University of Pennsylvania assistant professor of business and public policy Betsey Stevenson interprets the differences across the states as potentially reflective of a number of factors: policy, social services, and the types of people choosing to live there.

Social scientists linked per capita gross domestic product with happiness long ago as well, and median incomes in the top and bottom three states actually reinforce that point. Stevenson warns against relying on that indicator, citing that there's a lot more to happiness than your income. that particular vein of social scientific thinking seems fairly dated by today's standards in looking at all the complex factors contributing to happiness.

The Gallup-Healthways survey and other recent polls seem to indicate that Americans are starting to focus on other factors of life often neglected in past years when the economy was in a better place. A MetLife online survey of 2,200 people this past week featured participants expressing changing opinions on what the "American dream" now was. Senior vice president and chief marketing officer at Metlife Beth Hirschhorn says that financial security took precedence over family by a large margin in the past. This year, 44% of their respondents said that spending time with friends and family was most important. And the trend's breaking generational barriers, with over a quarter of Gen-Xers saying that marriage was important to achieving the American dream, an increase from the 18% who said so in 2008.

Despite the nation's track record of obsessive consumerism and materialism, there's evidence of an American trend towards a new attitude in regards to consumption with four in ten respondents expressing buyer's remorse about past purchases, wishing they had spent less and saved more. The Baby Boomer generation largely reported that pressure to acquire material possessions had dropped significantly since the past year.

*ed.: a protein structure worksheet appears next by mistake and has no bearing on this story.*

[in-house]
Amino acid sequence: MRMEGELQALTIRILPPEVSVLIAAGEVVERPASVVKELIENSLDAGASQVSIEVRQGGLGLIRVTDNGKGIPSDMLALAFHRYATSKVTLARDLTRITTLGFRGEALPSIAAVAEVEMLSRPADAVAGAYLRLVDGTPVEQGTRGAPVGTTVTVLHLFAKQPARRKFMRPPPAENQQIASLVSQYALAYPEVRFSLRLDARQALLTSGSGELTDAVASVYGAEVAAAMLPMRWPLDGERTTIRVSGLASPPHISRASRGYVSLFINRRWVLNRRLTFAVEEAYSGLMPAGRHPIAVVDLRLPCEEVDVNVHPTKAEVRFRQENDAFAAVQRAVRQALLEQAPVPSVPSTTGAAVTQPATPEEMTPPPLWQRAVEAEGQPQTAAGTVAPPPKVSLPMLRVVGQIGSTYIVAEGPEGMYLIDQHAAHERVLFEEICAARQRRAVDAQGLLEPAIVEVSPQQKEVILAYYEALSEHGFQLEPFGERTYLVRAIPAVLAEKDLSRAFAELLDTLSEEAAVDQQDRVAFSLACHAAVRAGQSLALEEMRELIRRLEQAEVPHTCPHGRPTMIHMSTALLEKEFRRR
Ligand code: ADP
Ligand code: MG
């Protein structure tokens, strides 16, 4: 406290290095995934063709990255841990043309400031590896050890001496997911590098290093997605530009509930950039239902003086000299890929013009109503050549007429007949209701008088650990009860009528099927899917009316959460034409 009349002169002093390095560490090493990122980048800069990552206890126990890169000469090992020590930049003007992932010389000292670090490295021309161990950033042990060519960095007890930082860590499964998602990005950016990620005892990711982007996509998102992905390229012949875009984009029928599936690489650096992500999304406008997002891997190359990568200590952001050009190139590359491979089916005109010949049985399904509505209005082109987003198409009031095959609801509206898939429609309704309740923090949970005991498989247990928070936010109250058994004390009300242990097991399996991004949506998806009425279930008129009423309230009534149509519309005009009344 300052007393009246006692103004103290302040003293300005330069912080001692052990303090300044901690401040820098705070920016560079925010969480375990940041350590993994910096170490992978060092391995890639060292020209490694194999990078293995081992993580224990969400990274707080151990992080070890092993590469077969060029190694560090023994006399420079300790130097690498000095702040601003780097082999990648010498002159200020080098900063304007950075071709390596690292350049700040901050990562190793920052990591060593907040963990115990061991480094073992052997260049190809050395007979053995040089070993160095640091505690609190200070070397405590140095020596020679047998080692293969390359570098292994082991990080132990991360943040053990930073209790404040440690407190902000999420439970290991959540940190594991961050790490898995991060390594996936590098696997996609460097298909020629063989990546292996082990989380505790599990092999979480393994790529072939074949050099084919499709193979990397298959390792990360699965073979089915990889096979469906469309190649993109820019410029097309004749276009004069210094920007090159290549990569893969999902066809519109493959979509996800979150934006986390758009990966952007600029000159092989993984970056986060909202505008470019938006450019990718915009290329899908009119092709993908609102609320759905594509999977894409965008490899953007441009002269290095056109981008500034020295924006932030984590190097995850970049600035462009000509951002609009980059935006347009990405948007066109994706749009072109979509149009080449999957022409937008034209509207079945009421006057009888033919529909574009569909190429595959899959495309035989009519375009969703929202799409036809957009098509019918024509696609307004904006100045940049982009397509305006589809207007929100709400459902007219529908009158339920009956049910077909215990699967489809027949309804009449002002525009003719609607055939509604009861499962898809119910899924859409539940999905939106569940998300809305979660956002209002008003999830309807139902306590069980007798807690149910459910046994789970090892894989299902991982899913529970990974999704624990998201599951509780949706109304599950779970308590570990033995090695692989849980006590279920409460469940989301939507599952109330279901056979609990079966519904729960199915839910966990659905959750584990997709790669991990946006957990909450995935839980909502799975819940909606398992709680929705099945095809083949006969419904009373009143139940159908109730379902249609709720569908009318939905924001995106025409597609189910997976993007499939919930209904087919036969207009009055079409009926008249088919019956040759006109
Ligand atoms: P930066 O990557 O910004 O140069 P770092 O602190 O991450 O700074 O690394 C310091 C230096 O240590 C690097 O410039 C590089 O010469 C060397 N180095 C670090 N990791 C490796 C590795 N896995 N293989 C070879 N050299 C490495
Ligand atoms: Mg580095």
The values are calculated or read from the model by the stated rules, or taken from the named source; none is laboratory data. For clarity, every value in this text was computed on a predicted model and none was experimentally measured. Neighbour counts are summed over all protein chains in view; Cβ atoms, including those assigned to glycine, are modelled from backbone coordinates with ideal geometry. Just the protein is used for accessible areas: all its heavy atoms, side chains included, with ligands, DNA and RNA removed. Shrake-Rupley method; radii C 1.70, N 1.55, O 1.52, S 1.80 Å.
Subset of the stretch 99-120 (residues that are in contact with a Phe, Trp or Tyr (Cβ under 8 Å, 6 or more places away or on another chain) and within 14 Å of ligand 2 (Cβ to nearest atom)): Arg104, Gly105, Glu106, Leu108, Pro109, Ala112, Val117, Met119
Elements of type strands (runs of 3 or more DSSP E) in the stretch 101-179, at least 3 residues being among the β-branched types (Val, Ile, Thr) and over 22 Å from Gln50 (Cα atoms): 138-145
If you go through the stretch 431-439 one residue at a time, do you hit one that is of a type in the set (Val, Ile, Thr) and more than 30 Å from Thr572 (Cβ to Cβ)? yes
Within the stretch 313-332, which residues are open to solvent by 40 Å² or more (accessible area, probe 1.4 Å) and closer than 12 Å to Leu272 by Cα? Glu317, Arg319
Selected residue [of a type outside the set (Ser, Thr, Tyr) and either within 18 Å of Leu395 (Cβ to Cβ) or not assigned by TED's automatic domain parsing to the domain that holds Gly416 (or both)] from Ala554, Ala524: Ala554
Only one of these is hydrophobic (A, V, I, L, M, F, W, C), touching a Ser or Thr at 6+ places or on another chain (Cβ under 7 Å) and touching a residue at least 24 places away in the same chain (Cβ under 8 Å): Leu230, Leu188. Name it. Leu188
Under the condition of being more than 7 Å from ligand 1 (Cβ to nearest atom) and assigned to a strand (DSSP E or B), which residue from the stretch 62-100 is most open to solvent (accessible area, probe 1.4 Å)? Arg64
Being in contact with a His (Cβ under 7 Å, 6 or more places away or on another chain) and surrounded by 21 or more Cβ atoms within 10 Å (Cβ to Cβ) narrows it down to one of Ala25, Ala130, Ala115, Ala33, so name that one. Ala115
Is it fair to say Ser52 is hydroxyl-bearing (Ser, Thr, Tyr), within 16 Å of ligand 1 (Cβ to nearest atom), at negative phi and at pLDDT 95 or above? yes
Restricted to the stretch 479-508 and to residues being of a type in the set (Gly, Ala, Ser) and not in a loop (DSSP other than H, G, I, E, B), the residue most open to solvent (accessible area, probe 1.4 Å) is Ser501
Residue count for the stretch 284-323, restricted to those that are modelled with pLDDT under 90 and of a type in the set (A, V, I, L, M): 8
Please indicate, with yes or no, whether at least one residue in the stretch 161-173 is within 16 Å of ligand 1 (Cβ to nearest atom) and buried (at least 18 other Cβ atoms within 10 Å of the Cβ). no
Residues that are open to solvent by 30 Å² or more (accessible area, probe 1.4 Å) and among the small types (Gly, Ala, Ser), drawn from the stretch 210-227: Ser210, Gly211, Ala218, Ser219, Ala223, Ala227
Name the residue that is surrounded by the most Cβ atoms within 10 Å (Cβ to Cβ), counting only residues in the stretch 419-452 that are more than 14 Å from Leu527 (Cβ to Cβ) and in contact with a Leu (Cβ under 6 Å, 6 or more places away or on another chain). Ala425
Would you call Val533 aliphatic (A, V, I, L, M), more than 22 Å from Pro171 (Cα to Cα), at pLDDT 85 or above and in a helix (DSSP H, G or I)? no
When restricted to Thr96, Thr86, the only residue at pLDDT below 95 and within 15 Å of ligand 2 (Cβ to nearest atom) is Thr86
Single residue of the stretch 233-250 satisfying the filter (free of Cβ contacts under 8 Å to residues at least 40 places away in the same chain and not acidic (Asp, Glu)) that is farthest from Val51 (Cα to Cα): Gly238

A Northwestern Mutual survey this past week also found similar results. In their online poll of 1,000 Americans, they found that more people found that spending time with family and being healthy were now more important than "owning the home of your dreams" or "earning a high income."

The Gallup-Healthway team plans to continue this yearly survey for 25 years, tracking the changes and trends in Americans' feelings on their well-being. It's certainly an interesting - if nonetheless flawed - study, to say the least. But in these times of economic crisis, we're seeing a shift away from our consumeristic and materially-obsessed way of life by which this country defined itself for so long. If anything, that seems like a silver lining, so to speak, in the heavy cloud of serious recession and economic downfall. Personally, I'm curious as to how many of my fellow Gen-Yers are coping with the economic crisis' interference with "leaving the nest" and moving out into "the real world," with those of us newer to the workforce being regarded as even less ideal employees in a time where money and employment opportunities are tight, not generally having massive, attractive resumes.

You can check out the full ranking list here.

1 comment:

Anonymous said...

Good point, though sometimes it's hard to arrive to definite conclusions